X-rays help make the MEMs

X-rays produced by the Lawrence Berkeley National Laboratory will play a key role in allowing MEMS structures for optical networks to be fabricated.

X-rays produced by the Advanced Light Source (ALS) at the US Department of Energy’s Lawrence Berkeley National Laboratory will play a key role in enabling Billerica, MA-based Axsun Technologies to fabricate advanced micro-electromechanical structures (MEMS) used in the design of its integrated photonic products.

The ALS has proven suitable for enabling a process called LIGA, a technology developed in Germany that uses X-ray lithography instead of conventional metal machining to create tiny metal structures with sub-micron precision.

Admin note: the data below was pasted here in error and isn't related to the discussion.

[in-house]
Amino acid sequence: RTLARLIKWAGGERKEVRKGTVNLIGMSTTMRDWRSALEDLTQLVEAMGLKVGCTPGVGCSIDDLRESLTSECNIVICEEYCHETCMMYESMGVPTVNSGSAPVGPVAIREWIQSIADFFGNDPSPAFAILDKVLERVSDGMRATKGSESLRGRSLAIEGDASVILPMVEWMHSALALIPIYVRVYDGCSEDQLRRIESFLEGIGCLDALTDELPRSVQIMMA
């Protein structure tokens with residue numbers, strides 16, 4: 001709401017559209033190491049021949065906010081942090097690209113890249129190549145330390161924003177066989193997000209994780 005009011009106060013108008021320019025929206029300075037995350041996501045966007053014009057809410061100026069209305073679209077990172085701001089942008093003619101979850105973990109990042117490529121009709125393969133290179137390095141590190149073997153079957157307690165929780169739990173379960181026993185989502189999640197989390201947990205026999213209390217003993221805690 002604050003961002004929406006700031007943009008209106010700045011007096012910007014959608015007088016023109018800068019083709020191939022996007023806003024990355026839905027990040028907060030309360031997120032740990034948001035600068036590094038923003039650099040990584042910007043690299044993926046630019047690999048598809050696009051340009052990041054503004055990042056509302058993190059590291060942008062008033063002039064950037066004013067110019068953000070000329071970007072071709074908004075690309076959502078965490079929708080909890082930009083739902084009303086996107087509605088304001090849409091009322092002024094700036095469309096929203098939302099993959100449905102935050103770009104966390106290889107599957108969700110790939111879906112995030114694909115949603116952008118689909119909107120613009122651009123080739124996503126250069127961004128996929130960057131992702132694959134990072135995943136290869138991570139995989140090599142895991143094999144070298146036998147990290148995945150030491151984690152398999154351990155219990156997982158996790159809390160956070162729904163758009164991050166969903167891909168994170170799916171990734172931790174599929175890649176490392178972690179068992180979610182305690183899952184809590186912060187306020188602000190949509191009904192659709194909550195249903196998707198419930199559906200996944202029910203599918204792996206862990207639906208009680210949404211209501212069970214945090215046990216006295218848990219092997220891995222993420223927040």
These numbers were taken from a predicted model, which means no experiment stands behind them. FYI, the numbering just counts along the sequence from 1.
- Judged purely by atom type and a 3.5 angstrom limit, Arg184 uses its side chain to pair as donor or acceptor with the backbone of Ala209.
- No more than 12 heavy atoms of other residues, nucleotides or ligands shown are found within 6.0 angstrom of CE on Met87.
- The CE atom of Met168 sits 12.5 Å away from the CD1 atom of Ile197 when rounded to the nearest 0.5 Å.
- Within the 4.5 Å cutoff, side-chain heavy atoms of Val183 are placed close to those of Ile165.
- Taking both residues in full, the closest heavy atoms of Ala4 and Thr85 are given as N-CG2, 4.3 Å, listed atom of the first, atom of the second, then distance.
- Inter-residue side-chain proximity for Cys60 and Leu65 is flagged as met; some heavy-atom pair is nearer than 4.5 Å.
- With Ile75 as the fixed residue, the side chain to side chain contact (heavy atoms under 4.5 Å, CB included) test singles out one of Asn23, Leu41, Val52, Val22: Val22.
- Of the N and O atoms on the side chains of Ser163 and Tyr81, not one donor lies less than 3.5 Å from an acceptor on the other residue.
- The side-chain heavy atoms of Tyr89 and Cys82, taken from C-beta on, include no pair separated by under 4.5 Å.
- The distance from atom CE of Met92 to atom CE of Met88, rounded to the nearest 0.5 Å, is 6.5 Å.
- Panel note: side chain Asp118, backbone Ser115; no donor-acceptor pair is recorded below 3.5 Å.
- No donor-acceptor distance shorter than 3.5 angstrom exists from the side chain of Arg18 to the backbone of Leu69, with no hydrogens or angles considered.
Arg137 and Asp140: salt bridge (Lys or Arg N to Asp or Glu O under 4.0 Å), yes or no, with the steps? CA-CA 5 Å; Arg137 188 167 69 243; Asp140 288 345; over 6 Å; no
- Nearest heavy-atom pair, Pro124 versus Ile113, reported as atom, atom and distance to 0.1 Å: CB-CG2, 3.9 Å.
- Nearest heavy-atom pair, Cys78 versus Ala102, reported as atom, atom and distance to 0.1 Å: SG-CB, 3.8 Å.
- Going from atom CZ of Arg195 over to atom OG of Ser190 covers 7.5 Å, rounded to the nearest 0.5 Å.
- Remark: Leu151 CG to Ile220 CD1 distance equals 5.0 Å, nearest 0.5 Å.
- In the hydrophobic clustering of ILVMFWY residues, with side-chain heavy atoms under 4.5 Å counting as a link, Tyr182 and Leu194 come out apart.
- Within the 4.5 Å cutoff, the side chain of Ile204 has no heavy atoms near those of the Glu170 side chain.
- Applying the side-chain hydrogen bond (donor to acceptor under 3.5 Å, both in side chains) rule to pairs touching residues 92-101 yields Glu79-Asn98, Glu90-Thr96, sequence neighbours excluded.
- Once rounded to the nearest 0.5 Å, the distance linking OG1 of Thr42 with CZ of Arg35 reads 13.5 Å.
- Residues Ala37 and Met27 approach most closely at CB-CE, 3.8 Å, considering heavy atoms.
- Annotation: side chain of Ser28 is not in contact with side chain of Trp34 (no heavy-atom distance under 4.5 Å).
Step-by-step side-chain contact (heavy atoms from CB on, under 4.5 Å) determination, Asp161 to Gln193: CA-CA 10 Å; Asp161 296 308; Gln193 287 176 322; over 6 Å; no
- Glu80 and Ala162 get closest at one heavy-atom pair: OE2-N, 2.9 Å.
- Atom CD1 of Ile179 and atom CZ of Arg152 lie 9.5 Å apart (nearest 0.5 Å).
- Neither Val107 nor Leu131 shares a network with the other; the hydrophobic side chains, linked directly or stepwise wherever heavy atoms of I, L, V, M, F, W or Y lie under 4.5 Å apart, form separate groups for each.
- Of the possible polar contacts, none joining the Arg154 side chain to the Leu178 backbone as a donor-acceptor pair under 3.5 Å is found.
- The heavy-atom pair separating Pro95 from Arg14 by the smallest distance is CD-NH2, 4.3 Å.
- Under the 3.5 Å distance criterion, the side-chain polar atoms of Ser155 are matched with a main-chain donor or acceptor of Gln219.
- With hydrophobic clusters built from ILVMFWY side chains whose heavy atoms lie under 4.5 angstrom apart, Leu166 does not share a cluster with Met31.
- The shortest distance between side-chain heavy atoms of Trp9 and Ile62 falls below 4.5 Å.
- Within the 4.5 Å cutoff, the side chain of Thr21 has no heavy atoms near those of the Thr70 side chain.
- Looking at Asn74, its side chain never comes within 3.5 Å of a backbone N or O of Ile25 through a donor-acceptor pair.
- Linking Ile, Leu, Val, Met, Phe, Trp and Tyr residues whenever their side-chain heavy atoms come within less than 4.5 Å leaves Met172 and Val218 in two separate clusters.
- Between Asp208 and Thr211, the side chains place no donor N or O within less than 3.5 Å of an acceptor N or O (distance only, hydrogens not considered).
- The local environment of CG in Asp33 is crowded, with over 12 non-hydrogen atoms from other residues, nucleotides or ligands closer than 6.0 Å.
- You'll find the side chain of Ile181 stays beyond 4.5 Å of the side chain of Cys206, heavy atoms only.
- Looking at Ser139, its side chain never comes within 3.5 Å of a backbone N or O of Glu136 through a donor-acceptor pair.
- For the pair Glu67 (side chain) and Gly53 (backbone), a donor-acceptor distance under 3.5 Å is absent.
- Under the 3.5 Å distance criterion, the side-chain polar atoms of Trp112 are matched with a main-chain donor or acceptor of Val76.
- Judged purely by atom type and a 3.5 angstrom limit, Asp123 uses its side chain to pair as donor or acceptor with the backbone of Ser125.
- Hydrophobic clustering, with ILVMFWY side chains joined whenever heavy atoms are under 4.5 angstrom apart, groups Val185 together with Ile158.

In operation, the ALS X-rays are exposed to an acrylic sheet, which is bonded to a silicon wafer containing a mask of the LIGA structures. After the X-rays hit the mask, the acrylic is etched in a manner that creates precise moulds of micro-alignment structures.

Dale Boehme, Director of LIGA Technology for Axsun, said, ‘The ALS is a great synchrotron source for performing LIGA X-ray exposures because it provides maximum power radiated at energies ideal for exposing these moulds.’

The exposed acrylic wafers will be sent to Axsun’s Livermore foundry, where they will be chemically processed, electroplated, lapped and polished, and released from the substrate. This wafer scale process creates thousands of alignment structures on a single 3-inch wafer. The structures are then assembled into the photonic devices.

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